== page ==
Businessman and former Tipitina's owner Roland Von Kurnatowski has had mixed success in recent weeks in two of his numerous ongoing legal battles, with one New Orleans judge ruling he owes nearly $850,000 to his sister and nephews, while claims he ran a Ponzi scheme were dropped in a separate lawsuit.

    Movement on both cases comes less than six months after he sold off Tipitina's, the famed Uptown music club he owned for about two decades, to the band Galactic.

    Last year, he also sold off his share of the Orpheum Theater — which he helped restore following Hurricane Katrina. The sales came amid questions about whether he mingled his private business interests too closely with a nonprofit that has shared a name with Tipitina's and was best known for donating thousands of musical instruments to local school bands.
    Sounds like somebody needs to call Ernst & Young.


Anyway. Happy GiveNOLA Day!  Choose which pit you want to throw your money into wisely.

Saturday, May 04, 2019

I hope they at least buy Valerio something nice

Parks and Rec sign

You may have seen a few of these signs adorning the lawns of the nicer Uptown homes this month

Here is a shocker for you.  It turns out that all of the differently branded editorial voices belonging to the Georges Media Empire Holding Company are in agreement about how everyone should vote in an election. All of the Georgeses want you to approve the Audubon millage on Saturday's ballot. The Georges-Advocate says Audubon has "done a smart thing" in lumping City Park and a pair of city agencies in with their new tax proposal. The Georges-Advocate-Gambit says some nonsense about how it overcomes "a piecemeal approach" to parks management. The Times-Georges-DotCom says it's "a smart way to maximize tax dollars."

The Mayor and her friends have also dumped several hundred thousand dollars into an all out advertising blitz in favor of the new tax. According to campaign finance filings,  the pro-tax  PAC "Together For Parks Alliance" had spent over $180,000 through March. The report for April isn't out yet. The PAC had about $35,000 on hand to start the month.  Judging from the explosion of mailers and ads on local TV and social media, I'd guess they will have spent something close to $250,000 by the time it's all over.   That's a lot to dump into a single ballot measure. They could have bought one "nurse, teacher, or first responder" a whole condo for that.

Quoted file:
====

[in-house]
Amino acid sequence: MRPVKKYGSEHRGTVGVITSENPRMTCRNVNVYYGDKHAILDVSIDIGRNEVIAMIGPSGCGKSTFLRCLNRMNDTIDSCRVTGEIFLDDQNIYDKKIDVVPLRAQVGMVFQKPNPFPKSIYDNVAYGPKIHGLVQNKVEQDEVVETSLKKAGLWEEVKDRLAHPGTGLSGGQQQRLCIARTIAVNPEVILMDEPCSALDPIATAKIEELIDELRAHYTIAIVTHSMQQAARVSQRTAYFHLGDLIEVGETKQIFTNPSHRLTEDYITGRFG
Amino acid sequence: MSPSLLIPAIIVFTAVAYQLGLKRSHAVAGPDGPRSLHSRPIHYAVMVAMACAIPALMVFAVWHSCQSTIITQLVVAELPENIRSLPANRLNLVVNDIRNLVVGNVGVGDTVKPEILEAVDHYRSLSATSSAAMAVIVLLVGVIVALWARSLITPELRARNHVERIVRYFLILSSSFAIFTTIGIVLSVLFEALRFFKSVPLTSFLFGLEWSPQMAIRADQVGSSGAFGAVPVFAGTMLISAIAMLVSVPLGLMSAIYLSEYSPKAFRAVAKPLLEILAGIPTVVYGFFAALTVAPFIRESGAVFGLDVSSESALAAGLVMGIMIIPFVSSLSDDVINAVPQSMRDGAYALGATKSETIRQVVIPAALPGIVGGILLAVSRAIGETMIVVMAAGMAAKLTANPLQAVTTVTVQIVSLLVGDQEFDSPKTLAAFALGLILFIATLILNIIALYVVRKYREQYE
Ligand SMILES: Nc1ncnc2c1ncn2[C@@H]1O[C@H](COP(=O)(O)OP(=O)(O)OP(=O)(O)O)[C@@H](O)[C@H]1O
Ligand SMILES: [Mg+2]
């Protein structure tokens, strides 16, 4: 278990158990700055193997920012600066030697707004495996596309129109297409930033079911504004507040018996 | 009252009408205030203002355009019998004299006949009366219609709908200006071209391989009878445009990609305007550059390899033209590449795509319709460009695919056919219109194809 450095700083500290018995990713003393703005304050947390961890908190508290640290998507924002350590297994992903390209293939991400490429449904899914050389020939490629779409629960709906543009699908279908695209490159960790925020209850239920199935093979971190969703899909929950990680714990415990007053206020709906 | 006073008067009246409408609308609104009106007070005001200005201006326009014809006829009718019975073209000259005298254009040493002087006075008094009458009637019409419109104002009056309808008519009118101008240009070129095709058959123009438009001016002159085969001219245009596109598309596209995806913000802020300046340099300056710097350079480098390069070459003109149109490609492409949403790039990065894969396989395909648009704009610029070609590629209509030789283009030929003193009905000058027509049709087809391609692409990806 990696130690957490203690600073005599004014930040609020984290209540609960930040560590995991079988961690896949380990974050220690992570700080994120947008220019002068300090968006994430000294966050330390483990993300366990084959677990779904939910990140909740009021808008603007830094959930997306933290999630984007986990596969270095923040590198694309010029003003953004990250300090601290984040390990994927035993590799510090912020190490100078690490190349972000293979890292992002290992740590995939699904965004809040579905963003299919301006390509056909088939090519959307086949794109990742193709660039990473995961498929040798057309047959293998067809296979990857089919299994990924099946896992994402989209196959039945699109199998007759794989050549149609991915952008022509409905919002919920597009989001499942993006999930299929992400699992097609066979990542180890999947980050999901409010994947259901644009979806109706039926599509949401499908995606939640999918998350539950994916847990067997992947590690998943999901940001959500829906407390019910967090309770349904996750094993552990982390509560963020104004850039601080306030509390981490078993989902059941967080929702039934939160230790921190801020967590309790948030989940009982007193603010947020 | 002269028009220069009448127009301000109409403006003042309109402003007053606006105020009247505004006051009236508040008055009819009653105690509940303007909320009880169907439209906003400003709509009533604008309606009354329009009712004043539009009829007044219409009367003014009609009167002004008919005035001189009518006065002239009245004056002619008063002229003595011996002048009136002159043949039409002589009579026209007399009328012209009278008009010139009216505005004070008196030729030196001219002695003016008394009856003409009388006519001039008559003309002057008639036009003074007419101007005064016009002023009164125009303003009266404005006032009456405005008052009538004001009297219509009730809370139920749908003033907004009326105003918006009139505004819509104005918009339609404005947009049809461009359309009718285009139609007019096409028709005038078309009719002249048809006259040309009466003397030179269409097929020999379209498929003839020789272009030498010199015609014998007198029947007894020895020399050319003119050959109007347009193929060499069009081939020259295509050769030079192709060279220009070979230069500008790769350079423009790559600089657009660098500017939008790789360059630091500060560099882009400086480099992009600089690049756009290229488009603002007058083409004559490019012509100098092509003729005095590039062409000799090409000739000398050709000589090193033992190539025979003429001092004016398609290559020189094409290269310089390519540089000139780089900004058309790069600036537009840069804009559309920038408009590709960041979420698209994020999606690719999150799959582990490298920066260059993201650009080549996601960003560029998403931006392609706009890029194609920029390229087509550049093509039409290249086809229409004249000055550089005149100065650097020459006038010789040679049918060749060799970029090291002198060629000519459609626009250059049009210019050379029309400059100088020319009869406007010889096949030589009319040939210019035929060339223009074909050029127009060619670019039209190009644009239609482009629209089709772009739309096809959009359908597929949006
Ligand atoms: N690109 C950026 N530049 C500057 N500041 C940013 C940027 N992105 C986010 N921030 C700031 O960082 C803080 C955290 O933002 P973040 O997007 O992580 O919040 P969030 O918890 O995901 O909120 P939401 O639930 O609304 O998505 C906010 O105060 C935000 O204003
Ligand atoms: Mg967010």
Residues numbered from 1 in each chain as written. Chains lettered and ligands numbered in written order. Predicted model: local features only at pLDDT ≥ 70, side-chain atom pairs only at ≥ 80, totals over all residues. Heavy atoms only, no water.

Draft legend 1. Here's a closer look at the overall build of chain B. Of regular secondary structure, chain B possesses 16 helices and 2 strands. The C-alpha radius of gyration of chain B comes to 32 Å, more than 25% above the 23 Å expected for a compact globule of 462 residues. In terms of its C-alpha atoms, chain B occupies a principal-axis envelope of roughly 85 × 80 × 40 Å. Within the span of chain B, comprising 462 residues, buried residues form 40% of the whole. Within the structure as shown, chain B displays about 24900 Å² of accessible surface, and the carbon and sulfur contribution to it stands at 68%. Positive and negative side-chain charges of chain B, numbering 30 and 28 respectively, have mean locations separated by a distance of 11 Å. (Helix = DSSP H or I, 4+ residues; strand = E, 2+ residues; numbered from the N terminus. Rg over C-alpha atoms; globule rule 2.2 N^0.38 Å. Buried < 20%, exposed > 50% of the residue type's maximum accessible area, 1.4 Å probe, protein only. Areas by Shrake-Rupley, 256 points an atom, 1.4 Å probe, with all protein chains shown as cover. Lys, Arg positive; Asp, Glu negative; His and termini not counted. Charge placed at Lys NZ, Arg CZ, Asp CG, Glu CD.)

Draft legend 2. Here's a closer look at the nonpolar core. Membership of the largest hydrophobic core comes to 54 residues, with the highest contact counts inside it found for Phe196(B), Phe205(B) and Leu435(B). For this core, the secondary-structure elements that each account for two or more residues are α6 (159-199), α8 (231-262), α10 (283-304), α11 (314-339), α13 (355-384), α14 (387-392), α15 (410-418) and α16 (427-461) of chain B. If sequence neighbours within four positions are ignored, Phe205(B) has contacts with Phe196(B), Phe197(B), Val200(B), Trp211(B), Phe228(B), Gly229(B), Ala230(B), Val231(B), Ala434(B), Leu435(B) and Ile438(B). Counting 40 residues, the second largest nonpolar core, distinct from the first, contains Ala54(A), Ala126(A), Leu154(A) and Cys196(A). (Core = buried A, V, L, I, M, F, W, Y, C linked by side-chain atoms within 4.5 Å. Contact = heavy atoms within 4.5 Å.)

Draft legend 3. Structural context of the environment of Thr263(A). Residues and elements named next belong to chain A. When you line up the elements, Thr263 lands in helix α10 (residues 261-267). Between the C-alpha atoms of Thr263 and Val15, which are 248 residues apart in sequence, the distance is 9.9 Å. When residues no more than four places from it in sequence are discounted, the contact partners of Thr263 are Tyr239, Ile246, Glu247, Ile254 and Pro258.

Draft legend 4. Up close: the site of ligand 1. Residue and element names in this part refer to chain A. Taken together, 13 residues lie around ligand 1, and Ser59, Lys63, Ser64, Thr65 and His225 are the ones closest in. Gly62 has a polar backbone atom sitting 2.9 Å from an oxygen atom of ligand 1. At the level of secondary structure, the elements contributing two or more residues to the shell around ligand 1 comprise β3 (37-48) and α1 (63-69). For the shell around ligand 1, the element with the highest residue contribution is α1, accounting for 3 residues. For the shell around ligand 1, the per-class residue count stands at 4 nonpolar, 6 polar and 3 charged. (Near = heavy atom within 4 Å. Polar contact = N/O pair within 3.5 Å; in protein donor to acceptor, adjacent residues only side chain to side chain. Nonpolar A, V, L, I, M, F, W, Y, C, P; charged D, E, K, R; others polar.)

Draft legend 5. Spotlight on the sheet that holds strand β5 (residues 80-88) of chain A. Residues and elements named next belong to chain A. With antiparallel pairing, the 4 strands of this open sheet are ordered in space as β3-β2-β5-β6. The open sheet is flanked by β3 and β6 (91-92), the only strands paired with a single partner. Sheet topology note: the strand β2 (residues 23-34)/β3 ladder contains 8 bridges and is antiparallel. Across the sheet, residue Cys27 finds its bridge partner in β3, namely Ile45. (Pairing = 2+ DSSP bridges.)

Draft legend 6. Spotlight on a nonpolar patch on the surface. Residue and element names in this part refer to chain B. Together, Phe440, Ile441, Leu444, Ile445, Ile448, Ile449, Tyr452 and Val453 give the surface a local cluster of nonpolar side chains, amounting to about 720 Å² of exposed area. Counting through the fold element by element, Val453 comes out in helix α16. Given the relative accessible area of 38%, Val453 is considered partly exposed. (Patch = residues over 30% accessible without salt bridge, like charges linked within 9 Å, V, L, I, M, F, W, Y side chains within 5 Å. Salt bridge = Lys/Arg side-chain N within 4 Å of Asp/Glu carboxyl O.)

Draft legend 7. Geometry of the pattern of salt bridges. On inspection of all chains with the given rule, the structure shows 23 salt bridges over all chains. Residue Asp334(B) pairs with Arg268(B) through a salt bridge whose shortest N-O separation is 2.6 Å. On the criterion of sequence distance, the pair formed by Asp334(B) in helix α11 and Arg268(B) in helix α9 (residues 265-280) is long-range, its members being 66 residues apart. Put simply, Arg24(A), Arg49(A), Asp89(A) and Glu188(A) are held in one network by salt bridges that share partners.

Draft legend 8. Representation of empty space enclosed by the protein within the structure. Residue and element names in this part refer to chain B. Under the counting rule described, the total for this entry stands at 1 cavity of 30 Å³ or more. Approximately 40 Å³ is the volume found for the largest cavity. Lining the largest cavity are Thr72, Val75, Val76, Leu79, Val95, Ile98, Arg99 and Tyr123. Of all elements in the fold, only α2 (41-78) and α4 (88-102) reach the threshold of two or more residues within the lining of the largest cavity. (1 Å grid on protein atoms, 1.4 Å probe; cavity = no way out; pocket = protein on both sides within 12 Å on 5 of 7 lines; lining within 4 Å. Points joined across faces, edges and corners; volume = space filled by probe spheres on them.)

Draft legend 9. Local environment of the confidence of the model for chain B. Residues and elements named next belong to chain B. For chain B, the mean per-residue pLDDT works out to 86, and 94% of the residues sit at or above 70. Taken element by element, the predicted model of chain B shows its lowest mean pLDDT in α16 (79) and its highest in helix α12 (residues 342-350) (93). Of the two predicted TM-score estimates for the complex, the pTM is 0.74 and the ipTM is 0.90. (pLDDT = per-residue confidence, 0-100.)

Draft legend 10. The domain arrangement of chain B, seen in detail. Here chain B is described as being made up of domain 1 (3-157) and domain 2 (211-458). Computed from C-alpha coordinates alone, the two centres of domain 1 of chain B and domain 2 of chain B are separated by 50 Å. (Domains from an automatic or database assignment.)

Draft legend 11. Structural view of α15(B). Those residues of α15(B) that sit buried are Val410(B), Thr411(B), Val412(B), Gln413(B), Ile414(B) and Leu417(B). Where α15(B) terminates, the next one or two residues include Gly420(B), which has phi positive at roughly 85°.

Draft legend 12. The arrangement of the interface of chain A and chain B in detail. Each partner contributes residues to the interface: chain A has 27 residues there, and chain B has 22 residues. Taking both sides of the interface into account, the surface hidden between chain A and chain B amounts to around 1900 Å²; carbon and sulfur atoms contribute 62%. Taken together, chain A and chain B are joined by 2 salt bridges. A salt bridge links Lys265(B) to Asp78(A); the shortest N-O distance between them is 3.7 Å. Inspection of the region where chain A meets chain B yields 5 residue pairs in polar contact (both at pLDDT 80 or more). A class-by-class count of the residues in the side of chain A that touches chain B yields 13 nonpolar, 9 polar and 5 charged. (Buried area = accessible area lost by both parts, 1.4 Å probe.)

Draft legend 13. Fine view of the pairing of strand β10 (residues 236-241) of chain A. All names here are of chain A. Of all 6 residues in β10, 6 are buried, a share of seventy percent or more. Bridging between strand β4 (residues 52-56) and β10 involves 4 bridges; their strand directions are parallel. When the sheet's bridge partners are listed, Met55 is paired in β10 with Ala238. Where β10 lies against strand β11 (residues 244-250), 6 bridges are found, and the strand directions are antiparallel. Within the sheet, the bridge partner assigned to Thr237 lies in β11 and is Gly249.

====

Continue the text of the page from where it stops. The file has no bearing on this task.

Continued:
We've already talked about this in terms of the hypocrisy of the elites in the Audubon adjacent fundraising clubs who think they run the city. But, okay, what is it they're actually asking voters to do? The Georgeses opinionators all say we're being asked to "renew" existing millages.  But this isn't really what's happening.  The proposed millage is, in fact, a whole new tax that replaces three current millages set to expire two years from now. The Georgeses also tell us that Audubon is graciously redistributing its current revenues in order to "share" something with less well funded entities. That isn't quite right either.

Here is the Assessor's sheet of current dedicated millages in Orleans Parish.




Audubon has two millages set to expire in 2021. One of them (labeled "Audubon Park Zoo" here) is .32 mils and meant to supplement operations and capital improvements at the privately owned and operated facility.  The other one, labeled "Aquarium" for 2.99 mils was specifically dedicated to finance the construction of the Aquarium sometime way back in the 1900s. The bonds serviced by those funds are set to be paid off when the millage expires. In other words that tax has paid for what it was meant to pay for. It's just money that has been going directly to the bank for thirty years. Nobody will actually miss it when it's gone.

Audubon's spokesperson admits as much in this article. 
Although Audubon would lose more than $4 million a year in tax money, Dietz said it will be able to absorb most of that blow when it finishes paying off the bonds that financed building of the aquarium in 2021.

"Most" of the $4 million loss in expiring tax revenue could be "absorbed" when the debt is retired. Makes sense since that's what it was for. This is further corroborated today by a person on Twitter who informs us that Audubon has been spending approximately $3.8 million a year on debt service. If they were to come back in a couple of years and ask to renew their expiring .32 mils, that looks like it would cover the difference just fine. We could argue further about whether they're entitled to that, even. But it doesn't matter because what they're asking for is a brand new tax altogether.


The new tax is 6.31 mils. This figure is derived by combining the .32 Audubon base millage with what had been the 2.99 mils dedicated to bond financing. In order to sell the public on the deal, another 3.00 mils is added to match the amount currently shared by NORD and Parks and Parkways.  The three entities then divide up the total in a way that allows each to take a little bit of what had been the Aquarium debt fund. City Park is also cut in a share.